Drier, somewhat cooler conditions followed early-week
showers, maintaining mostly favorable prospects for summer
A cold front triggered widespread showers and
thunderstorms (10-70 mm, locally more) early in the period
across Russia and Belarus, sustaining adequate to abundant
moisture supplies for reproductive summer crops.
The front also
brought an end to the short-lived but intense mid-July heat wave,
with daytime highs slipping below 35°C until week’s end.
Consequently, corn and sunflowers progressed through
reproduction with little - if any - additional heat stress,
though some yield losses from the recent hot spell are likely in
Corn in Russia’s Southern District was
subjected to as many as 6 days of high heat (35-41°C) in mid- to
late-July as the crop progressed through the tassel and silk stages
Meanwhile, the sunny, warm weather later in
the week favored winter wheat harvesting and enabled field
preparations in advance of winter wheat planting, which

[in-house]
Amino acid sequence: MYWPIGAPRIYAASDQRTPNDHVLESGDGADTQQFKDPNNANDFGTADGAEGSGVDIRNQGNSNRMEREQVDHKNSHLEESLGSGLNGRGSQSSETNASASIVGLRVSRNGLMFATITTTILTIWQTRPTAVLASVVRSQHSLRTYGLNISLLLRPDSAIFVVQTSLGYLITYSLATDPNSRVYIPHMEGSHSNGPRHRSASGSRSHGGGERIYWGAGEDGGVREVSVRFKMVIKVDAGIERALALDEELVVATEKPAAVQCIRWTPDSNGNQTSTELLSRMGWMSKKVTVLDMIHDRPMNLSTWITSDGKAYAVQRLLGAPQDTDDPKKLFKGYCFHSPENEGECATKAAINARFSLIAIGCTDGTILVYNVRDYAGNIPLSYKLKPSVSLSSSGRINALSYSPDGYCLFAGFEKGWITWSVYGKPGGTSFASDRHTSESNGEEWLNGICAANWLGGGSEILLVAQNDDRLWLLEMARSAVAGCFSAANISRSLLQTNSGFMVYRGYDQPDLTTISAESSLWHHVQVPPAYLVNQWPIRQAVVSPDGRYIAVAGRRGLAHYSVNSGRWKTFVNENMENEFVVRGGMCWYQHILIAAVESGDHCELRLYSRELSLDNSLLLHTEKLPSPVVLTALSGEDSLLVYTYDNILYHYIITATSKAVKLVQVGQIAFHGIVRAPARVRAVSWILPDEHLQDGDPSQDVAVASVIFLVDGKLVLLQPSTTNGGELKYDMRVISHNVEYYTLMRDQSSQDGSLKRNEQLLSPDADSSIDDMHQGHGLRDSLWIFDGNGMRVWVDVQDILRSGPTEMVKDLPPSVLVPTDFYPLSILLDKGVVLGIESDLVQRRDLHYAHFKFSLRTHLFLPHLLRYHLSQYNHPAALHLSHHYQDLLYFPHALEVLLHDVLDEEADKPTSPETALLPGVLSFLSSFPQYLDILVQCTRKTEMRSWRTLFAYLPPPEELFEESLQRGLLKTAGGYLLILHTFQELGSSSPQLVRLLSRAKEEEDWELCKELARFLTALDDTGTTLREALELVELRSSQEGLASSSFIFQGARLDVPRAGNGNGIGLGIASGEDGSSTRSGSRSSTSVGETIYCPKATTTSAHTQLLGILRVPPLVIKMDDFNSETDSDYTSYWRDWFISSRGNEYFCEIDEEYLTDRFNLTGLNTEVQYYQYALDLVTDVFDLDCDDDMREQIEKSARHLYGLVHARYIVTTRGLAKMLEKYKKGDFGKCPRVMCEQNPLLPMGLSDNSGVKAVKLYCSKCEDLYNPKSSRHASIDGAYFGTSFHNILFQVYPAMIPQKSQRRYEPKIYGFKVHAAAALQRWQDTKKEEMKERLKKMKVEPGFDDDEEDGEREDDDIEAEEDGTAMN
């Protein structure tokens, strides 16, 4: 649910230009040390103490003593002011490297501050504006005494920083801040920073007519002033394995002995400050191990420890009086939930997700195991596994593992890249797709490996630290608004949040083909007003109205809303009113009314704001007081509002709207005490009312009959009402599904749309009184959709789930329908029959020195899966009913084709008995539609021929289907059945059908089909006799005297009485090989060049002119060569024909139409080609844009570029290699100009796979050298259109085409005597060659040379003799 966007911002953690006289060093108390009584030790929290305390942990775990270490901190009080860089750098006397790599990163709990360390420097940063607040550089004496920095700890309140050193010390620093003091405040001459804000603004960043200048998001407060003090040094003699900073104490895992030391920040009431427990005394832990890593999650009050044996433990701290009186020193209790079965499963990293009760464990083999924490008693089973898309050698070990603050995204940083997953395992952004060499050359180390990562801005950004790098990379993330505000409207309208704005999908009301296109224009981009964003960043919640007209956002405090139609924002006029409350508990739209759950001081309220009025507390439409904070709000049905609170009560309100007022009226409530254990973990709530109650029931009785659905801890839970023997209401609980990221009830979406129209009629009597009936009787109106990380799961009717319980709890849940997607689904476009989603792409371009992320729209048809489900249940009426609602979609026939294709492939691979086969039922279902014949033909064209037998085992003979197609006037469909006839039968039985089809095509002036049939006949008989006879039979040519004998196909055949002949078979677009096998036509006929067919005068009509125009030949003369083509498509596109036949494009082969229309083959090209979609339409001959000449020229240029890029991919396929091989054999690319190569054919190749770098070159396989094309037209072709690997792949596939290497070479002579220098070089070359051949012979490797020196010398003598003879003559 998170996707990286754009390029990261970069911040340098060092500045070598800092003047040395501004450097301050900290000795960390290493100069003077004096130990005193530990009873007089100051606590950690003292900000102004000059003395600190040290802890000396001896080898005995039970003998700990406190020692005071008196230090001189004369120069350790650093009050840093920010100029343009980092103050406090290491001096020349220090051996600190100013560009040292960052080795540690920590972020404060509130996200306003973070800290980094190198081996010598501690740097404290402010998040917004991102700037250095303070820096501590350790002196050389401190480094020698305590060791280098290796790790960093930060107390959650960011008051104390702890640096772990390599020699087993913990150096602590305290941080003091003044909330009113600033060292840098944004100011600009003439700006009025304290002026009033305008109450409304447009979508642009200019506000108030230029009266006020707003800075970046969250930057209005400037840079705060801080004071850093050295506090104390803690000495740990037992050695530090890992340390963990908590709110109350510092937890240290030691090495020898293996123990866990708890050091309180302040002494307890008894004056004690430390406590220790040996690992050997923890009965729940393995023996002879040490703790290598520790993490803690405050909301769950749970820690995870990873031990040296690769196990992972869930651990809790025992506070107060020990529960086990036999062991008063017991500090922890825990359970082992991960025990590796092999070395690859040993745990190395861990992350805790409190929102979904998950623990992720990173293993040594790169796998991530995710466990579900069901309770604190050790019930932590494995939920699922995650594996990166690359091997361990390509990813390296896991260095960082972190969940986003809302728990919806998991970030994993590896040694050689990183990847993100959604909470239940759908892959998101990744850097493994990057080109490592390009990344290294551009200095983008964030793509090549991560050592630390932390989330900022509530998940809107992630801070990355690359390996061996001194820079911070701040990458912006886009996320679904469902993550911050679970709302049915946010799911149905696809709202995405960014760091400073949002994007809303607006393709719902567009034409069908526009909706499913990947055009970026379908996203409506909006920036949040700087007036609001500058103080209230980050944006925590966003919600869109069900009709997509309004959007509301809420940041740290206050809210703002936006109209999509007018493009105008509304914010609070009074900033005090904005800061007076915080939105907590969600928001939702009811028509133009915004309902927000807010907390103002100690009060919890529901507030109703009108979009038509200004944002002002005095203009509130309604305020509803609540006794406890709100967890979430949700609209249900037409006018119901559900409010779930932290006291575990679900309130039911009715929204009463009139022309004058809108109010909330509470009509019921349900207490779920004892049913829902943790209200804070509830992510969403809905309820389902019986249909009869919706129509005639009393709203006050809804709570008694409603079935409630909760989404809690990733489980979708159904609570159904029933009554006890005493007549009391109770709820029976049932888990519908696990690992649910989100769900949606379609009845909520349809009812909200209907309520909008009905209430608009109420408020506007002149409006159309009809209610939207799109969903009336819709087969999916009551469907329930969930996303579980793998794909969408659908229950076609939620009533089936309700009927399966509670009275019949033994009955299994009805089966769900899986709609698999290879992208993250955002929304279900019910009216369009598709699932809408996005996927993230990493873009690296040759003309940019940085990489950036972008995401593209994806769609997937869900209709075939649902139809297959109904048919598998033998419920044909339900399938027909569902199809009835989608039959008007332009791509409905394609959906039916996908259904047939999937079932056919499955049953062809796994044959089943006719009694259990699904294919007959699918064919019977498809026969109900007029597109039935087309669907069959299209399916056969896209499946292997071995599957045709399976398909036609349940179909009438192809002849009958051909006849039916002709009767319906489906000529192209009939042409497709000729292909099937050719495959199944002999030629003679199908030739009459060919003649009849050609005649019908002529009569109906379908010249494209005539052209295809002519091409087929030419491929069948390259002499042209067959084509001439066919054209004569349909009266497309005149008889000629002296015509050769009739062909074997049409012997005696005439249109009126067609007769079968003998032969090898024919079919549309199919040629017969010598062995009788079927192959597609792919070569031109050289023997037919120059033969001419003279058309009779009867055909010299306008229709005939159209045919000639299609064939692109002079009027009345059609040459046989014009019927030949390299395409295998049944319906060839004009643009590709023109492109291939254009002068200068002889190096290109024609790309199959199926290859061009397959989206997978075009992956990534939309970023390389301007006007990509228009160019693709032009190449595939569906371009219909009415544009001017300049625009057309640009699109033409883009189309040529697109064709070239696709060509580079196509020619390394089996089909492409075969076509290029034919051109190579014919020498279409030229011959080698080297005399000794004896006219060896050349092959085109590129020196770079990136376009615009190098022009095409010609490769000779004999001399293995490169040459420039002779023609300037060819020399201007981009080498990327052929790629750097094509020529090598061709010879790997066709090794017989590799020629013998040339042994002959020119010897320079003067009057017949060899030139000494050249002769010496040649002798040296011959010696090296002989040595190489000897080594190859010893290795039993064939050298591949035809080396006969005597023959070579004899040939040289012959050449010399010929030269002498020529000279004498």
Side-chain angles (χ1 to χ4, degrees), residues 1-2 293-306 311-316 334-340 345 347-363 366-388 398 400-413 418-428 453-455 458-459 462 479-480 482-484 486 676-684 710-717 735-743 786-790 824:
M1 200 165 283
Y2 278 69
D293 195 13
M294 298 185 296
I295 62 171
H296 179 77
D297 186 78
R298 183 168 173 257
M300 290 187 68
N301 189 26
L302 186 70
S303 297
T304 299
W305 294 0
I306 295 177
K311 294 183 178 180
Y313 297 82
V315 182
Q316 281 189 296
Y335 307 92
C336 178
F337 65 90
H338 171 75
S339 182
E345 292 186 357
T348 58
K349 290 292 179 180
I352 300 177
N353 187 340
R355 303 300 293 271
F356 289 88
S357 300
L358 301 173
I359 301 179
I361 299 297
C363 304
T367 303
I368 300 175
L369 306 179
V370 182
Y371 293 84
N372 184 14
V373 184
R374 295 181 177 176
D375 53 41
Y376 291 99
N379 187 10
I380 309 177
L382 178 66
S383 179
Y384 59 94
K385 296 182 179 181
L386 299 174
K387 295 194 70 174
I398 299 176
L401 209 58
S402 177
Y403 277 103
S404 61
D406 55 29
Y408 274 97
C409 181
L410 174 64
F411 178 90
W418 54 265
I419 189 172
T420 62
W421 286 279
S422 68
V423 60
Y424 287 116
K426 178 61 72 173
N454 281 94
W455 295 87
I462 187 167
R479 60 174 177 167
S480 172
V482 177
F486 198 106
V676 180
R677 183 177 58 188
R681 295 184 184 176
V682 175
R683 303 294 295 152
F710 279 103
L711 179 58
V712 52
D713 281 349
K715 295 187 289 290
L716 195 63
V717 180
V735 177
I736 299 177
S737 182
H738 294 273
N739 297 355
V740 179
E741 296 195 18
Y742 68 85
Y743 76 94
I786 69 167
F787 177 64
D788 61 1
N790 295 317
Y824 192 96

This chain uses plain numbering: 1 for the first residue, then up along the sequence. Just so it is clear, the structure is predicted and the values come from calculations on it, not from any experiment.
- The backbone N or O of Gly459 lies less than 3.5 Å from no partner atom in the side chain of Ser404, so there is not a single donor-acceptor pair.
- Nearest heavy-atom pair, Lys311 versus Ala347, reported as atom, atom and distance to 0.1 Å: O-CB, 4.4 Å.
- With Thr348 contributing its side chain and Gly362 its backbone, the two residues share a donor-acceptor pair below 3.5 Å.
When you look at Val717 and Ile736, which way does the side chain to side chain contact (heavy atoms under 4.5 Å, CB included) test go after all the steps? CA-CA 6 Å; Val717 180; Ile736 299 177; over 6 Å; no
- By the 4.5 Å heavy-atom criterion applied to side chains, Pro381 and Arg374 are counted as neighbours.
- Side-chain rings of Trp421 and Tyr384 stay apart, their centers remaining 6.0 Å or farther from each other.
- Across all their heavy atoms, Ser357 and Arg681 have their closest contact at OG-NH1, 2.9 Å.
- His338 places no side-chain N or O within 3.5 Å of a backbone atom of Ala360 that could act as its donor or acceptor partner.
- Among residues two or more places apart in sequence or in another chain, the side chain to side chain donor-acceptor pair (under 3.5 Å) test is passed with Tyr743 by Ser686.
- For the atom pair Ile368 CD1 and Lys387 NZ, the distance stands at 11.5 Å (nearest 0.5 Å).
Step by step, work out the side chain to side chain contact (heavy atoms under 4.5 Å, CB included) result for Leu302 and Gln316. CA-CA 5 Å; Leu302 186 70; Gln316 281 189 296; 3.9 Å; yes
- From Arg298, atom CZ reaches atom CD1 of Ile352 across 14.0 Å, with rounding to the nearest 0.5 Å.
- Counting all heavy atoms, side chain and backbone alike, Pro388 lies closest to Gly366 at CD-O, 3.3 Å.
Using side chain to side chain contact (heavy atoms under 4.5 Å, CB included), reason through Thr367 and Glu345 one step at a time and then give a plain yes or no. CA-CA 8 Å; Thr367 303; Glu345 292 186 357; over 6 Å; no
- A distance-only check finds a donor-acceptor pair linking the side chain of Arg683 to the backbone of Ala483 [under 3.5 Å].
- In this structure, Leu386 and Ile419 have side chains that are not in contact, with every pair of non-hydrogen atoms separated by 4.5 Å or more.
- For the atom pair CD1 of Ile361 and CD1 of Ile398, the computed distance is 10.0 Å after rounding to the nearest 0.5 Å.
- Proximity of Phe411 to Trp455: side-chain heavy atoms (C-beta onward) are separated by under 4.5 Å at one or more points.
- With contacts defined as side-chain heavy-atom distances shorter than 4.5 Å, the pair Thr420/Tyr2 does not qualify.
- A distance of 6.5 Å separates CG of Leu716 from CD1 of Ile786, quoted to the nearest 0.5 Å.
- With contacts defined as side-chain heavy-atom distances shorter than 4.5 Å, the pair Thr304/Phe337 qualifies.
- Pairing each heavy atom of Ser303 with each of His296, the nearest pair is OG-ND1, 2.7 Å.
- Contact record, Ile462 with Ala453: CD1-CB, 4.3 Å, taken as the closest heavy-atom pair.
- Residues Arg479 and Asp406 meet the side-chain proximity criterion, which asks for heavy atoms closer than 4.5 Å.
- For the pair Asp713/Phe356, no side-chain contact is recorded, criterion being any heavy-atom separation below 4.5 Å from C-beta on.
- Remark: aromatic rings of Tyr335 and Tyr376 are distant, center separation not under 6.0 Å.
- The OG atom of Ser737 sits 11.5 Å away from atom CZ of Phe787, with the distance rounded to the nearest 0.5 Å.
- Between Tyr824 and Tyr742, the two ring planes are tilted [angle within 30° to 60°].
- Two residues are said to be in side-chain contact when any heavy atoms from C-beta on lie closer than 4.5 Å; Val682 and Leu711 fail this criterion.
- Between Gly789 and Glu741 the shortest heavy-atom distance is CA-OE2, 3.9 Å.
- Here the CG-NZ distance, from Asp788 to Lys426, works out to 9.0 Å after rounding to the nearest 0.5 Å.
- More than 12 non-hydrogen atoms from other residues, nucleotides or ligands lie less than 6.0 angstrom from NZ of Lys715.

typically occurs in late August and September.
favorably wet summer to date, localized short-term dryness has
developed in west-central Ukraine; over the past 30 days, this
region has reported less than 50 percent of normal rainfall,
reducing moisture supplies for reproductive corn and soybeans.
Widespread rain and near- to below-normal temperatures
maintained favorable prospects for spring wheat, while
increasing heat accelerated cotton into the open-boll stage of
development in the south.
Another round of showers and
thunderstorms (10-50 mm, locally more) over northern
Kazakhstan and adjacent portions of central Russia maintained
good to excellent yield prospects for flowering to filling spring
Furthermore, heat has not been an issue due to the
cloudy, rainy weather, with temperatures averaging up to 2°C
below normal for the week.
However, drier weather will be
needed soon to maintain the current favorable crop projections.
Farther south, increasing heat (daytime highs 38-42°C) in
Uzbekistan accelerated cotton into the open-boll stage of
development, likely putting much of the crop past the point of
significant yield impacts from this week’s above-normal
temperatures (1-2°C above normal).